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Obstetric Fistula

A debilitating and devastating childbirth injury

One of the worst things that can happen to a woman is an obstetric fistula, an internal injury caused by an unrelieved obstructed labor during childbirth. The definition of obstetric fistula is an internal injury in the form of a hole between the birth canal and the bladder and/or rectum. It leaves women leaking urine or feces, and sometimes both.

How does obstetric fistula occur?

The primary cause of obstetric fistula is when a woman experiences a prolonged, obstructed childbirth, and lacks access to emergency medical care. During this time, the mother's delicate tissues in the birth canal are destroyed while trying to give birth. Tragically, 93% of women who suffer an obstetric fistula will give birth to a stillborn baby, often after an agonizing obstructed labor that has lasted several days. It is estimated that up to 31,000 women are still living with untreated fistula injuries in Ethiopia. A further 1,000 women suffer new fistula injuries every year, due to a lack of access to quality healthcare. These terrible injuries leave women trapped in a life of pain, shame, and isolation. Help our team identify untreated obstetric fistula patients in isolated parts of Ethiopia.

Causes of fistula | Catherine Hamlin Fistula Foundation | Together we can eradicate obstetric fistula in Ethiopia.

How does obstetric fistula impact a woman's life?

Although the condition is almost entirely preventable, it is still a huge public health issue. Without a local understanding of the complication and its causes, a woman is frequently blamed for her condition.

Symptoms of an obstetric fistula are urinary and/or fecal incontinence that can lead to severe infections and ulcerations of the vaginal tract. Some patients suffer from paralysis caused by nerve damage.

Survivors are often subject to severe social stigma due to their smell, perceptions of uncleanliness, a mistaken assumption of venereal disease and, in some cases, infertility. Nearly all patients at the Addis Ababa Fistula Hospital report psychological issues associated with their condition. Many marriages do not survive, simply unable to cope with the ongoing physical and emotional health issues.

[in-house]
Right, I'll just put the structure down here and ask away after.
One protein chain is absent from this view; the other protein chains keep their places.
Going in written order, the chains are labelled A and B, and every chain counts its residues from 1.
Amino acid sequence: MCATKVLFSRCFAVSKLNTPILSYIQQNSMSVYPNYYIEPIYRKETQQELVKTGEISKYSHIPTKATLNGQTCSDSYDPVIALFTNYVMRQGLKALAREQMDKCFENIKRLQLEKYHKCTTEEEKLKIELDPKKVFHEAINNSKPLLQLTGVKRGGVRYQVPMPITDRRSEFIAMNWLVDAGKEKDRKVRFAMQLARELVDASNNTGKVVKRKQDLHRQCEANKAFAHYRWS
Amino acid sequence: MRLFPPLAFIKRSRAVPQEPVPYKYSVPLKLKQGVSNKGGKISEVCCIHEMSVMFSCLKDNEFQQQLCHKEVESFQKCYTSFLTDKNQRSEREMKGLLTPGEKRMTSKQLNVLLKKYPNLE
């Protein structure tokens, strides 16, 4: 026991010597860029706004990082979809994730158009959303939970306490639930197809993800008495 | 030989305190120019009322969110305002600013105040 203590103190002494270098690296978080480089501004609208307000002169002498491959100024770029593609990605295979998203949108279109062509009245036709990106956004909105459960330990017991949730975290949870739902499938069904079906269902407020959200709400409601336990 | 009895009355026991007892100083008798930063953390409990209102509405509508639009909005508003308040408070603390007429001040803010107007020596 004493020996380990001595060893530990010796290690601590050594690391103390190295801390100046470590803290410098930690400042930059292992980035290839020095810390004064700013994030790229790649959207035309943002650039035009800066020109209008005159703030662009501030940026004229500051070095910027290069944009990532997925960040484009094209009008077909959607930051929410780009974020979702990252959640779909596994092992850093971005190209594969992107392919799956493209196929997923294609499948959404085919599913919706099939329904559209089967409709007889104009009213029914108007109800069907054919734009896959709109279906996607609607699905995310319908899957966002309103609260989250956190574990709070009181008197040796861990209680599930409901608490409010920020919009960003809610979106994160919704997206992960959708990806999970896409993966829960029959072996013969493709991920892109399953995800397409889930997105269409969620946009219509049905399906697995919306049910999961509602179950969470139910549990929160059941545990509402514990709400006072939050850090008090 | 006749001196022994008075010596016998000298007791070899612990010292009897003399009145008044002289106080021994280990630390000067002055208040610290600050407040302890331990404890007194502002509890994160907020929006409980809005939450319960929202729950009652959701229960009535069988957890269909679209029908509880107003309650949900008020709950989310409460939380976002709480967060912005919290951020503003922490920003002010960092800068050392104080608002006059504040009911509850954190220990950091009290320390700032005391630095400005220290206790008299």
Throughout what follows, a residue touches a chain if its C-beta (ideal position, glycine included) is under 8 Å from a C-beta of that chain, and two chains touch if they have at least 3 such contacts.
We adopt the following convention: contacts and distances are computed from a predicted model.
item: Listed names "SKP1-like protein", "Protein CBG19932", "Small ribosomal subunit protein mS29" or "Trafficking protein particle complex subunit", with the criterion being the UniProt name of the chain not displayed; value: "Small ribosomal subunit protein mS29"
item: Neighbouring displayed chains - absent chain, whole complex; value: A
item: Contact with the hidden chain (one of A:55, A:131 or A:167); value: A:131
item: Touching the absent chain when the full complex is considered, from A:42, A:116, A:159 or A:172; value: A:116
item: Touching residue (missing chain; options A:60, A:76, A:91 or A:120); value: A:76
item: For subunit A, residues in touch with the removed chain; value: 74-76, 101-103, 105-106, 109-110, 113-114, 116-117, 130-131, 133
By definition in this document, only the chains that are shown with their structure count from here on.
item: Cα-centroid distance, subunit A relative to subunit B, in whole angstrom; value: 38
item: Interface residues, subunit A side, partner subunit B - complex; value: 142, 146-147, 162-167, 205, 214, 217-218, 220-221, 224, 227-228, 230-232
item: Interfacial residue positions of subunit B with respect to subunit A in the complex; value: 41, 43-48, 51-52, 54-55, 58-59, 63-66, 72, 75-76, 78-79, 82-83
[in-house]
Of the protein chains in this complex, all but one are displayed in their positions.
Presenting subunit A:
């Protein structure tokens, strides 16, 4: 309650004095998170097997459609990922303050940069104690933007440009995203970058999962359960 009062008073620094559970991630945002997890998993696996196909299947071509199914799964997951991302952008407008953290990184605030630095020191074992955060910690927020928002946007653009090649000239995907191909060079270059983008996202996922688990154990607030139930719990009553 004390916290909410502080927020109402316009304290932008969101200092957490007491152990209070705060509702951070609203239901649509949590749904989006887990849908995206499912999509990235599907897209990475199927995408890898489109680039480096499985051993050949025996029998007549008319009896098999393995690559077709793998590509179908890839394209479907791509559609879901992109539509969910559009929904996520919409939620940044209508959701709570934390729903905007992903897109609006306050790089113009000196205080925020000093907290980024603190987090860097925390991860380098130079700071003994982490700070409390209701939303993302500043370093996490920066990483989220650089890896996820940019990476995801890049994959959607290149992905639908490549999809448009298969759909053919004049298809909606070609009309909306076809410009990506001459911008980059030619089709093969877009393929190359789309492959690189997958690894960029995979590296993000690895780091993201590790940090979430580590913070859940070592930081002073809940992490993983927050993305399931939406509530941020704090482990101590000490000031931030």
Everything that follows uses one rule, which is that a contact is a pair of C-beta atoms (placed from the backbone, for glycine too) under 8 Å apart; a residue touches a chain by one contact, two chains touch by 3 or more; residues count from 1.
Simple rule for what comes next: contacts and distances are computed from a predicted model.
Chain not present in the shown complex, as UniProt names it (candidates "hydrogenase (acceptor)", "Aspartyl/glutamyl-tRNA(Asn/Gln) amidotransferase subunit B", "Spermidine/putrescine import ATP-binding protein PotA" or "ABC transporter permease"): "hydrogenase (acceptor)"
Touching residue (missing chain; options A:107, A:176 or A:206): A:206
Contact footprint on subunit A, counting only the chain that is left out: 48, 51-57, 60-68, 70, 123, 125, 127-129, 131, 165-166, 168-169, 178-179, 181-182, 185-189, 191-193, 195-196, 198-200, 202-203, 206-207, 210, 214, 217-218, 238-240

Hidden patient 1500x1000 1 | Catherine Hamlin Fistula Foundation | Together we can eradicate obstetric fistula in Ethiopia.

Survivors are ostracized by the community and left voiceless and alone - cut off from family, economic opportunity, and other avenues to leading a full, healthy, and happy life.

Ethiopian women are actively involved in all aspects of their society’s life. Women are both producers and procreators and are active participants in the social, political, and cultural activities of their communities. This condition not only disables a woman in so many ways, the entire village feels the effects. Women with obstetric fistula are often outcast and therefore unproductive, which means their family and community suffer.

No woman should suffer the indignity of an obstetric fistula. Learn how Hamlin Fistula Ethiopia works to restore dignity of thousands of women.

Chaltu's Journey

One year ago, Chaltu wished for her life to end. Today, she feels reborn. Read her moving story, from experiencing the pain and isolation of obstetric fistula to regaining hope and healing at Hamlin Fistula Ethiopia. "You may think this is just a job, but for me and women like me, it is like a rebirth. Thank you for giving back my life again.” - Chaltu
Chaltu patient US banner | Catherine Hamlin Fistula Foundation | Together we can eradicate obstetric fistula in Ethiopia.

Can obstetric fistula be cured?

Yes. Obstetric fistula can be repaired with a single life-changing surgery performed by a skilled surgeon. Hamlin Fistula Ethiopia is globally renowned for its obstetric fistula treatment technique. The women who receive this life-changing care are often too poor to pay. Their treatment is offered free thanks to donors like you.

Can obstetric fistula be prevented?

In Western countries, like the United States and Canada, obstetric fistula is virtually a thing of the past because there is access to effective maternal healthcare. In countries like Ethiopia, 50% of births take place without a doctor or nurse present and more than 1,000 fistulas occur each year. With proper maternal healthcare, a well-trained midwife, and access to an emergency cesarean section, this horrific childbirth injury is entirely preventable. At the Hamlin College of Midwives, students from the rural areas of Ethiopia take part in training that helps them identify pregnancy complications and prevent obstetric fistula in the first place. When they graduate, these students return to serve in their villages and are often the only healthcare workers for hundreds of miles.


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Ethiopian Surgeons in the middle of an obstetric fistula surgery

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All rights reserved 2023 Catherine Hamlin Foundation (R) (ABN58159647499)
Catherine Hamlin Fistula Foundation is fiscally sponsored by KBFUS (EIN582277856) and KBF Canada (RCO769784893RR0001)

Photography credits to Cameron Bloom, Nigel Brennan, Mary F. Calvert, Kate Geraghty, Amber Hooper, Joni Kabana, Johannes Remling and Martha Tadesse.

Patient names have been changed to protect the identities of those we help.